The first shot took him just below the clavicle, perhaps an inch above his heart. He dropped the oar and tried to cry out as the grub began to do its vile work under his skin. The neurotoxins hit his nervous system, and he screamed. He knew in an instant that it was fatal, but he wasn’t dead yet. The thump-thump of borer fire came from the direction of the lighthouse—little wet blooms in the fog, glistening like morning dew, almost beautiful, if you could ignore the chattering of their sharp little teeth flying closer and closer. He drew his pistol and tried to return fire, but nothing came out. He fell backward into the dinghy. The other crew fell, or dived overboard, or reached for their own guns. The bottom of the boat was full of water, and Yadin realized that some of the grubs had hit their hull; the little bastards would go through wood just as happily as flesh. His mouth was full of blood. He rolled onto his stomach, then shrieked in pain as salt water rushed through the hole in his chest. The little lifeboat yawed, then broke in half. Yadin went under. Shots smashed through the surface of the water above him. His nerves burned, but his skin was so very cold.

As the red lanterns on the Fantail winked at him, they might as well have been a world away. The yellow lantern, too, blurry and indistinct through the surface of the water—odd, he still didn’t remember hanging that one. Elvar sank beside him, eyes sightless and jawline a ragged mess of muscle and bone. Yadin slipped farther down into the water, and darkness took him.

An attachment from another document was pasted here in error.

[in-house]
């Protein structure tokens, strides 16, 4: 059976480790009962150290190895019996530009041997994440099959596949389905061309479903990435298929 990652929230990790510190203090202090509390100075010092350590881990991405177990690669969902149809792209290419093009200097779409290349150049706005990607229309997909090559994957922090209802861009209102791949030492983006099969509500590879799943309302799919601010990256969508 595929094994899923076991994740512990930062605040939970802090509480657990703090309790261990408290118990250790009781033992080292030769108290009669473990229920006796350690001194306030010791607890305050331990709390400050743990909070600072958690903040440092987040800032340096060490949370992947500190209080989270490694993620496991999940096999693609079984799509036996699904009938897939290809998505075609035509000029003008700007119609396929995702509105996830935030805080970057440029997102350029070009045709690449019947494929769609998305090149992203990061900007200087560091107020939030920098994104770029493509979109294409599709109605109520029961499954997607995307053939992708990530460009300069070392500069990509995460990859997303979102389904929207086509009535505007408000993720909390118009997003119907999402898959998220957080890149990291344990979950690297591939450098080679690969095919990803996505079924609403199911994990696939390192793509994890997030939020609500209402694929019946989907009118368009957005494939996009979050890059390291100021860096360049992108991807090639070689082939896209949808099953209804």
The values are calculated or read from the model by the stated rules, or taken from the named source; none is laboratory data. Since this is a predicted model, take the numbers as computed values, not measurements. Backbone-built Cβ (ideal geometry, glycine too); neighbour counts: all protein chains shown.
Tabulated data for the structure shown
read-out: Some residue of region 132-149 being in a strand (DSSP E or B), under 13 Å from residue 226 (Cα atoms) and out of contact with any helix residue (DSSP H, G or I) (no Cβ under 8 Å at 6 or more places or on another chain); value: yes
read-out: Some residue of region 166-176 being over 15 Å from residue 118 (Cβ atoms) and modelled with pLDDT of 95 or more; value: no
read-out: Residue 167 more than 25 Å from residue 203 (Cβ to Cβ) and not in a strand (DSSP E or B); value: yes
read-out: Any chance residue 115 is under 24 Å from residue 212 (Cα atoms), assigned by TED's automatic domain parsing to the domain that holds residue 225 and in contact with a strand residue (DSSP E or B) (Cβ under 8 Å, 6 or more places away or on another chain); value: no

About The Author

Sascha Stronach is a Maori author from the Kai Tahu iwi and Kati Huirapa Runaka Ki Puketeraki hapu. She is based in Wellington, New Zealand, and has also spent time in Malaysia, Indonesia, and Singapore, which have all inspired parts of the fictional worlds she creates. A former tech writer, she first broke out into speculative fiction by experimenting with the short form. The Dawnhounds, her debut novel, won the Sir Julius Vogel Award at Worldcon 78.

Product Details

  • Publisher: S&S/Saga Press (June 14, 2022)
  • Length: 352 pages
  • ISBN13: 9781982187057

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Raves and Reviews

"A wonderful queer noir fever dream." —Tamsyn Muir, internationally bestselling author of Gideon the Ninth

"Fiercely queer. A strange and wondrous re-imagining of noir that takes its cues from biopunk and SE Asian mythos to create something wholly different. There's real imagination at work here—I loved it." —Rebecca Roanhorse, New York Times bestselling author of Trail of Lightning and Black Sun

“Worldbuilding at its peak. The Dawnhounds heaves with life, a tangible sense of cosmic power simmering from the waters around this port city and from the people trying to save it. Just don’t call them heroes, aye.” —Chloe Gong, New York Times bestselling author of These Violent Delights and Our Violent Ends

The Dawnhounds roots in the mind like a night garden, vital and voracious. I can’t get it out of my head.” —Amal El-Mohtar, award-winning coauthor of This Is How You Lose the Time War

"The Dawnhounds packs hard-hitting, mind-bending weirdness into a story that’s still touching and human. If you’re looking for gritty queer spec fic that isn’t unrelentingly grim, you’ve found it.” —Casey Lucas, award-winning author of Into the Mire

“The tones of Stronach and Pratchett are enormously similar. . . .Delightful.” —Octavia Cade, author of The Mythology of Salt and Other Stories